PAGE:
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Friday, September 26, 2008

A Teaching Moment

Today's outing led us eventually to Barnes & Noble where the kids and I had coffee and hot cocoa, respectively. Camille must have seen a bi-racial couple walking by and asked me,

"Mom, is it okay for a brown skinned person and a white skinned person to be married?"

The blessed child thinks that any couple that holds hands or kisses is married... (Which is a thought that popped into my head when she asked this.)

"Why do you think it's not okay?" I asked. "Well, they have different skin color, aren't they different species?" she plainly asked while I tried not to laugh out loud....seriously.

"I have blue eyes and you have brown, right? Are we different?" I asked.
"Yes and no," she answered.
"Men are men and women are women- all humans have that in common. God made us all unique so some people have green eyes, others have brown, some have blonde hair and some have brown hair. Some people have curly hair, some have straight. The color of skin is the same as the color of our eyes and hair, it's just one way God made us all unique but the same. Men are men no matter what color their hair, skin or eyes are and women are women no matter what color their hair, skin or eyes." I explained.

She then went on to explain how people have more characteristics that are different, height and weight. Then she asked me, "but is it okay?" I told her God said he created a man and a woman and it was good, He didn't say a white man and white woman, He said MAN and WOMAN so yes, it more than is good.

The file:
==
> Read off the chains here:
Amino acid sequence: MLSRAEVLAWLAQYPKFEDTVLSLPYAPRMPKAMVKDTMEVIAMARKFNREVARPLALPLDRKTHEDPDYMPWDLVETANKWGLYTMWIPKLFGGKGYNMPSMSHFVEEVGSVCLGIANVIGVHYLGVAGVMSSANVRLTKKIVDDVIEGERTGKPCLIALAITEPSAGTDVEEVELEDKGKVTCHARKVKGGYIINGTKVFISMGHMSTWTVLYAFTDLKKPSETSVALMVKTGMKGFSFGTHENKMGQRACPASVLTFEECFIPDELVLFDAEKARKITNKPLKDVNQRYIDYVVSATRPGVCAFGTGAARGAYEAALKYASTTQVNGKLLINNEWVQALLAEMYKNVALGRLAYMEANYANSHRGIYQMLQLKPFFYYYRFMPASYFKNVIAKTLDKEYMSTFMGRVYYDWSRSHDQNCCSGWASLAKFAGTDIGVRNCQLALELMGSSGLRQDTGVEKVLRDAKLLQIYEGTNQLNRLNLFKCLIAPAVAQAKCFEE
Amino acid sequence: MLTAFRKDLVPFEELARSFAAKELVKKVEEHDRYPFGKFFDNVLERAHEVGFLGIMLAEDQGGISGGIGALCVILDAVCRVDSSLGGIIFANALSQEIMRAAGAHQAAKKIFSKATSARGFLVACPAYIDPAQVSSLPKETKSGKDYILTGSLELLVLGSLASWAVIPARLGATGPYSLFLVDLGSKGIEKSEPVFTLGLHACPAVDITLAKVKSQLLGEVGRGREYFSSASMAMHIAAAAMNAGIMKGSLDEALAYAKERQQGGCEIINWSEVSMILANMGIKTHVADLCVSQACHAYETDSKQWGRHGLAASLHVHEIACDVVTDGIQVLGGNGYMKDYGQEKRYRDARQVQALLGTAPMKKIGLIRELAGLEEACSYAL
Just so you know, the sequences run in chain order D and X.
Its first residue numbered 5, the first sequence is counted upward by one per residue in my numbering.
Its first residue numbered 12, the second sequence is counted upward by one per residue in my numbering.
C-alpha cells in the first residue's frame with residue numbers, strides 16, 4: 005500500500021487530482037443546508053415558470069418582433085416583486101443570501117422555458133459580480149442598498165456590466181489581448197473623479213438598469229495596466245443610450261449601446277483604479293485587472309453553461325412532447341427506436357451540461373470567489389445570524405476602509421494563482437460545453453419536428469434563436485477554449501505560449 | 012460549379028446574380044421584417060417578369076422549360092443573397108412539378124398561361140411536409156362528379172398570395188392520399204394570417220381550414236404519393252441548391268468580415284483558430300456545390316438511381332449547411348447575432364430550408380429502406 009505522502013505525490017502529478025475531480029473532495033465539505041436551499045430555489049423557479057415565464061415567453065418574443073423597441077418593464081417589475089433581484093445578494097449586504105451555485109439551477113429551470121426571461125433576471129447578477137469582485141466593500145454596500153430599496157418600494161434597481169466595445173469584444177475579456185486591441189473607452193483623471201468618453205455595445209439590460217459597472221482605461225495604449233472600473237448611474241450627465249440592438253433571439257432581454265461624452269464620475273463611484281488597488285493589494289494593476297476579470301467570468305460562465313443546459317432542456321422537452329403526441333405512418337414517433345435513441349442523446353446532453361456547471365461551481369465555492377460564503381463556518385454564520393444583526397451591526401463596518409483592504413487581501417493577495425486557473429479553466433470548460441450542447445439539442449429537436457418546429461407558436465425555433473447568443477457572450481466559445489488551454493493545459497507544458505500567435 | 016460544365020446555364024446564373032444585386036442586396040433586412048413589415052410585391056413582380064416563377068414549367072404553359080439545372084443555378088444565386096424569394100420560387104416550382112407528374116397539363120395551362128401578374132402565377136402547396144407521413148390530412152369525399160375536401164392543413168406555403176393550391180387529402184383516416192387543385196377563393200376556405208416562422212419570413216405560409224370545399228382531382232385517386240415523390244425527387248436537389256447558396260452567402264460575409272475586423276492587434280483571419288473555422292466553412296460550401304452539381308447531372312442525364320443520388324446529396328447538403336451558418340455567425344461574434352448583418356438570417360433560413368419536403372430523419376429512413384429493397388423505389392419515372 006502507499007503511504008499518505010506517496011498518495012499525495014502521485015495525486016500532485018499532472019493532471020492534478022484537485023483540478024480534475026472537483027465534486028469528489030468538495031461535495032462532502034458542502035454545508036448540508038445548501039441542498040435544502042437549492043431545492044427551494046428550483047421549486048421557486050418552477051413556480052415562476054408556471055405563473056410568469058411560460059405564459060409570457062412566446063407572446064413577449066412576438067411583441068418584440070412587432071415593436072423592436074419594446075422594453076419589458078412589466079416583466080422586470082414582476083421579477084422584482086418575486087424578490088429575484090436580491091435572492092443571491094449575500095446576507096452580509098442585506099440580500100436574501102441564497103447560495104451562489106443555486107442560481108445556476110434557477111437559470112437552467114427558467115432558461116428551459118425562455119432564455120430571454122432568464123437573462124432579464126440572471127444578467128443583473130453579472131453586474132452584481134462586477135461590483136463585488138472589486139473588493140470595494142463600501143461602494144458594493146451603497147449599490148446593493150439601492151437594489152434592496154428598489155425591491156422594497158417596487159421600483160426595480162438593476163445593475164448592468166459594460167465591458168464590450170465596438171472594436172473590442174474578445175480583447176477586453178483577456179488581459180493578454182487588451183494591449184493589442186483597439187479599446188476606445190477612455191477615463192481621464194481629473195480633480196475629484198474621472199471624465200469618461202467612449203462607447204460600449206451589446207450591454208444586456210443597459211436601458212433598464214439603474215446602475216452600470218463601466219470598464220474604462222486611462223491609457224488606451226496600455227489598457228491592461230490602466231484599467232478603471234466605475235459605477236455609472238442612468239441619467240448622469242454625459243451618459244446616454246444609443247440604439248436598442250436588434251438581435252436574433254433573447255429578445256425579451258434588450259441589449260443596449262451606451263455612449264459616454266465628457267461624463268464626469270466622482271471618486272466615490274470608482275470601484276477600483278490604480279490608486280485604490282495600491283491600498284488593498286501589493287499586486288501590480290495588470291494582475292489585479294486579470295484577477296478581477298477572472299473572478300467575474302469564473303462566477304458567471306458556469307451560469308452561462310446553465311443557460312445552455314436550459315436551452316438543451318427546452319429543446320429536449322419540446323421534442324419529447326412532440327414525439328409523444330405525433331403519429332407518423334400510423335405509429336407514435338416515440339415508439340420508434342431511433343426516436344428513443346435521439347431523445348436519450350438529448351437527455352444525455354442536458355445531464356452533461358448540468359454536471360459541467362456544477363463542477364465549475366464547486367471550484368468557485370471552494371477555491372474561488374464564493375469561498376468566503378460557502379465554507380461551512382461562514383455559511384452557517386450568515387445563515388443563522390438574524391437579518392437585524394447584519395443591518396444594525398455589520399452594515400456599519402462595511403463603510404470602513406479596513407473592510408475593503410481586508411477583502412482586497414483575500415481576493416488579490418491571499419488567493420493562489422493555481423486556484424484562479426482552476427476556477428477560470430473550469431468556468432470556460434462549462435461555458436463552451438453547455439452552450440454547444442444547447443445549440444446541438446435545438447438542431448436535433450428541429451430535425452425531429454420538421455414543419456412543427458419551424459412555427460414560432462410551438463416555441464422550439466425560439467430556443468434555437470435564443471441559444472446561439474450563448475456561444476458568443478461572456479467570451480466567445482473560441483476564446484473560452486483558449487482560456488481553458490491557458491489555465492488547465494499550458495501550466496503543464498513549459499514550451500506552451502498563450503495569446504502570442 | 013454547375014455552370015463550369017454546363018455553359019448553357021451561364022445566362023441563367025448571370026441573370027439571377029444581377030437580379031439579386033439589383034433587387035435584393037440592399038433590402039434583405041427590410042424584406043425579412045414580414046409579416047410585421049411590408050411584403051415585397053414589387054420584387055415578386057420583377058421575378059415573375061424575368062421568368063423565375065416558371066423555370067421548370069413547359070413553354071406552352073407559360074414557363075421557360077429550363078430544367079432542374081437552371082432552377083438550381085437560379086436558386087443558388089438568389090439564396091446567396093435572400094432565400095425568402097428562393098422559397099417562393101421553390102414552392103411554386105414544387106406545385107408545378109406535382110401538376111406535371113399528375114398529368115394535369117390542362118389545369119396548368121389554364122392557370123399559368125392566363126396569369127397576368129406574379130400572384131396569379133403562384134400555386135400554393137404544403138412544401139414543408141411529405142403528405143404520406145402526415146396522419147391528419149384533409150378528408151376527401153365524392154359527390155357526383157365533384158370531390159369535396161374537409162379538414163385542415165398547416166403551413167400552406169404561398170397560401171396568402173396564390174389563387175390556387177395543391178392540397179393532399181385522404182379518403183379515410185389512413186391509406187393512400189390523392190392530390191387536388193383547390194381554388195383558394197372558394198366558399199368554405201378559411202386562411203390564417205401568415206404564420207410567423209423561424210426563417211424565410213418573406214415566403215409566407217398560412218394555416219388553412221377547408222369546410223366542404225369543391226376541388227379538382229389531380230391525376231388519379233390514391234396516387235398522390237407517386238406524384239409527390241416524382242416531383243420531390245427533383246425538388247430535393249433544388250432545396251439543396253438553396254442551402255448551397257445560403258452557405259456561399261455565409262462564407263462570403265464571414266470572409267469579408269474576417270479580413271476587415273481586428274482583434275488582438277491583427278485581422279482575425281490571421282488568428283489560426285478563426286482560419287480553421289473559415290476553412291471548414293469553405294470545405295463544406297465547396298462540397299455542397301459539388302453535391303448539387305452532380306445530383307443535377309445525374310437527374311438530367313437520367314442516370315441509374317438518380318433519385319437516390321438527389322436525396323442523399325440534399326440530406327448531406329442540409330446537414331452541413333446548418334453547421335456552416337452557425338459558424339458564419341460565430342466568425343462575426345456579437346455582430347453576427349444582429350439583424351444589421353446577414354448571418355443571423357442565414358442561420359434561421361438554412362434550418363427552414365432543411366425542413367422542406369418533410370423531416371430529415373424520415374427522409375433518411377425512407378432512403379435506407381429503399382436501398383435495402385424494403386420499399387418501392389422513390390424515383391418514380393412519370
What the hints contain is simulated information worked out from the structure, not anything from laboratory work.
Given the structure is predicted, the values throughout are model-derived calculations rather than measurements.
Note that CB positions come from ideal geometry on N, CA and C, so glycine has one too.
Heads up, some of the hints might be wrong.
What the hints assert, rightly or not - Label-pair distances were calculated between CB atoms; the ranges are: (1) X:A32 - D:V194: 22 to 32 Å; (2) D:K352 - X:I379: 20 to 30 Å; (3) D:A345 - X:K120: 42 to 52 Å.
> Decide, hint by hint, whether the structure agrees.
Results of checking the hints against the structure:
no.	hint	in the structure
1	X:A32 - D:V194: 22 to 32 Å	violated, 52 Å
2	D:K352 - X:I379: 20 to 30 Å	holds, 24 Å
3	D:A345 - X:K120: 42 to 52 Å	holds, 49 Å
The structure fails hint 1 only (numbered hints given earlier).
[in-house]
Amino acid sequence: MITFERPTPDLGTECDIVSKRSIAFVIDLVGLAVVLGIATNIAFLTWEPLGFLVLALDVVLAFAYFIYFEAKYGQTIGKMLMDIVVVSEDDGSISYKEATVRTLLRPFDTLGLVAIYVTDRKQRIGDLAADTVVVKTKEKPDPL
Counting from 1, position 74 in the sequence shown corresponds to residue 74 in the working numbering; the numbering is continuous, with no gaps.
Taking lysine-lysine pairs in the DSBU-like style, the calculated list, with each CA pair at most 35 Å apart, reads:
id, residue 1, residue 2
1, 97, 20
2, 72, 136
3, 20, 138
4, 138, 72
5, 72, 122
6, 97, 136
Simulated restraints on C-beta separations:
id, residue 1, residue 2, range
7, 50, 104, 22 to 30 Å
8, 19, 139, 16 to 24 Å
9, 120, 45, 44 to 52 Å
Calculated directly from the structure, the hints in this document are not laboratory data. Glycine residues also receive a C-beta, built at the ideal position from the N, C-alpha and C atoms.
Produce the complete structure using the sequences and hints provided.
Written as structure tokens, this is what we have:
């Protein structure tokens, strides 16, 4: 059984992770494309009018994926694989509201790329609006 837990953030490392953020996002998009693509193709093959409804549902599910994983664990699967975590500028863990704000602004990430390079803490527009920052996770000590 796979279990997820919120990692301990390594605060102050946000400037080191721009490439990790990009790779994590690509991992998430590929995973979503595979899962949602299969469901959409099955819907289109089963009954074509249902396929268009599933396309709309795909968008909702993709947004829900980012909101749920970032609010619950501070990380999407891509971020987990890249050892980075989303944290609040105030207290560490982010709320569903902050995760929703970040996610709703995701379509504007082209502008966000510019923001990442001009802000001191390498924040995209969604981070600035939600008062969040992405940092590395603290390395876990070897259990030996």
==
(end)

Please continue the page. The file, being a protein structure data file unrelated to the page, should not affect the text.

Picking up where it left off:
We live in the South, we have family members that are not healthy in their attitudes and it has always been a fear of mine that the kids would pick up on this without me being able to talk to them beforehand. This was perfect, especially since we'll talk about slaves soon in history. Thank you Lord!



CookieMonster said...

What a wonderful answer you gave, Jessica! How good of the Lord to give you such an opportunity!

And you're right, not only does the Bible say that we are all one race (ahem, we have the same original mother and father) but science has confirmed it as well.

If you're at all interested (and it's ok if you're not) you could check this out:
It's long, but it's right on!

Blessings and love,

Michele said...

Great job, Jessica! My girls have a bi-racial cousin. He lives in another state, but I have always thought it was a blessing that they grow up loving a family member that does not look just like the rest of us.


Vix said...

What a cute conversation.. ;)

chrys said...

really sweet post. what a teachable moment!

i enjoy your blog!


Jennefer said...

My aunt is married to a wonderful and kind African-American man and they have 2 bi-racial cousins whom they adore. It's funny that they have never seemed to notice the skin color difference but I look forward to having a similar conversation with my boys someday. It's so nice when those things come up naturally, isn't it?! :) Have a great weekend!!!

Chris said...

Teachable moments are the best. I wish all children could be given such sensible, thoughtful answers to their questions. If they did, what a wonderful world this would be.

School for Us said...

What a wonderful answer! I just posted about our trip to see the Brown v. Board of Education of Topeka museum in Kansas. It is hard to understand how differently people are treated... all because of skin color! It reminds me of the Christian song that starts "Pardon me, your epidermis is showing... I can't help but note your shade of melanin." That's all it is - different amounts of melanin! :-)

christinemm said...

Wow what a great job you did explaining that.

Despite our cultural beliefs that say this is okay I do find it interesting when I hear scientific studies that say our brains are wired to distrust people that look different than us. Says something for what is hardwired in our brains from our pasts.

It was not long ago in America when biracial marriage or relationships was considered taboo.

Anyhow my point is that sometimes when kids question that I think it is something deep in their brain, from their 'primitive brain' talking not something they necessarily learned from the family.